In the beginning of an URL lies an overlooked place useful to hide things from server logs. It’s the authentication part of the authority section. Check the full URL scheme below.
Differently from the fragment part, where we can use document properties like location.hash to store things that will never be sent to server, the user information will be sent but will not figure in logs for security reasons.
Using an slice of the string returned by window.URL property, starting from char 7 to char 15, we pass to eval() the string we want to execute. For a https enabled website, the right combination would be 8 and 16, respectively.
Although there’s a security warning in Firefox (but not in Chrome), the statement about the domain to visit (brutelogic.com.br) may lead user to a wrong conclusion.
After it, there will be no trace of what really happened in browser address bar.
The same can be done with the location property of document if eval() is not available.
But much more harmful is to use this ability to actually do some kind of authentication. Because the victim of a XSS attack can perform requests to internal IP addresses, it’s possible to pivot to devices accessible only to the victim.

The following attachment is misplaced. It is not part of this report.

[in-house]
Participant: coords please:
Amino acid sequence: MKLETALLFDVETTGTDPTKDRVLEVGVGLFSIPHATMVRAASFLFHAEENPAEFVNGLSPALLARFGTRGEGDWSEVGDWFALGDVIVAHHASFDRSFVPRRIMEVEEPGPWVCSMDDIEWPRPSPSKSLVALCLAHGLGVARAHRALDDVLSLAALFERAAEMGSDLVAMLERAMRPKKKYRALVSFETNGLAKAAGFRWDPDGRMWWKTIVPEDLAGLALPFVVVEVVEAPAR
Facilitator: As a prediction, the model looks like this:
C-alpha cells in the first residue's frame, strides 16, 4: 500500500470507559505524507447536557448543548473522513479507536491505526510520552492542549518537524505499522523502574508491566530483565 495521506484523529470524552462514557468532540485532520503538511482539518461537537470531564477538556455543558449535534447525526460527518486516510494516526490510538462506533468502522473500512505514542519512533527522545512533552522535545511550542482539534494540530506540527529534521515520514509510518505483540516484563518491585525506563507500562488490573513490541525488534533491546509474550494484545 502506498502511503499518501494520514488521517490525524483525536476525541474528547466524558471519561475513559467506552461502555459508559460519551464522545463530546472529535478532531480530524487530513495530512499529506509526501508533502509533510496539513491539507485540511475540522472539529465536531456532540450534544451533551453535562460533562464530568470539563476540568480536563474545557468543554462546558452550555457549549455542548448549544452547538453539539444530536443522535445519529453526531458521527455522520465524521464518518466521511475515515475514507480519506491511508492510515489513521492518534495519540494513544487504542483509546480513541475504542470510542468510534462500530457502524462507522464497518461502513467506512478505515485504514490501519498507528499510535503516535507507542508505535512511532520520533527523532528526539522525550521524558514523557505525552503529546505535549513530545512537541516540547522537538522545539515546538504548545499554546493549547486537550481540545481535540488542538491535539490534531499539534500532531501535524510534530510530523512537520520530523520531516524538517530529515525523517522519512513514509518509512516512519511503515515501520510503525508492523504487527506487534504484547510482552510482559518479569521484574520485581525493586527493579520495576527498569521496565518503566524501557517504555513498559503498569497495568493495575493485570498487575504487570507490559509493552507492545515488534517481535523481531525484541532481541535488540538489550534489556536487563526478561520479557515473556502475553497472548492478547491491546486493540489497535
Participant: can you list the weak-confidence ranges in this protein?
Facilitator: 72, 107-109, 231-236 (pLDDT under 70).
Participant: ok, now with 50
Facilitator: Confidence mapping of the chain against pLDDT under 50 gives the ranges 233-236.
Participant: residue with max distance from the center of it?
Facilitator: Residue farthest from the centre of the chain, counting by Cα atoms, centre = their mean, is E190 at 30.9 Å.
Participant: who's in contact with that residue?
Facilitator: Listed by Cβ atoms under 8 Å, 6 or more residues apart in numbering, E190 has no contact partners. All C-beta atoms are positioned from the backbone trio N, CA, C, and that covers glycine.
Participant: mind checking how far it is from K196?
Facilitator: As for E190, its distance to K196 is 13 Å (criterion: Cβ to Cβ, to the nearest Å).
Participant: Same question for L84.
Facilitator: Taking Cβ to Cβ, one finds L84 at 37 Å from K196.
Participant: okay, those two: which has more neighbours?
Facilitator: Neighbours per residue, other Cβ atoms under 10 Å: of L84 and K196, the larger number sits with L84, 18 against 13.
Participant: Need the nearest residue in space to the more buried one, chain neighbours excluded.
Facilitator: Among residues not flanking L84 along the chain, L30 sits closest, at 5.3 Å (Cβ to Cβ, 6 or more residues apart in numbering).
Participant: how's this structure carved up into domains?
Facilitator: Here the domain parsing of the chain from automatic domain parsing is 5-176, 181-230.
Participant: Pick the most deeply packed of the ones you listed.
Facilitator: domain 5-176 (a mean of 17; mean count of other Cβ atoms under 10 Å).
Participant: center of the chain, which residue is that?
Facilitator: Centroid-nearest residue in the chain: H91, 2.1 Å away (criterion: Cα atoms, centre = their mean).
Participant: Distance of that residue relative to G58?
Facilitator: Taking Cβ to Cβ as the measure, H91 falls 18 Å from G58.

Most SOHO (Small Office / Home Office) routers are usually vulnerable to login attacks over this channel, so all an attacker has to do is to guess the right one in a small list of common default credentials. After, he/she proceeds with a basic CSRF attack to add his own DNS server to router configuration achieving total control over the victim’s network. But latest Firefox (version 48) is smart enough to stop automation and warn the user about it.
The same can’t be said about latest Chrome (version 52). It has no security warning again.
Click here to test your own router (Firefox or Chrome). If after clicking on “click me” your router dashboard appears, you may be in serious trouble.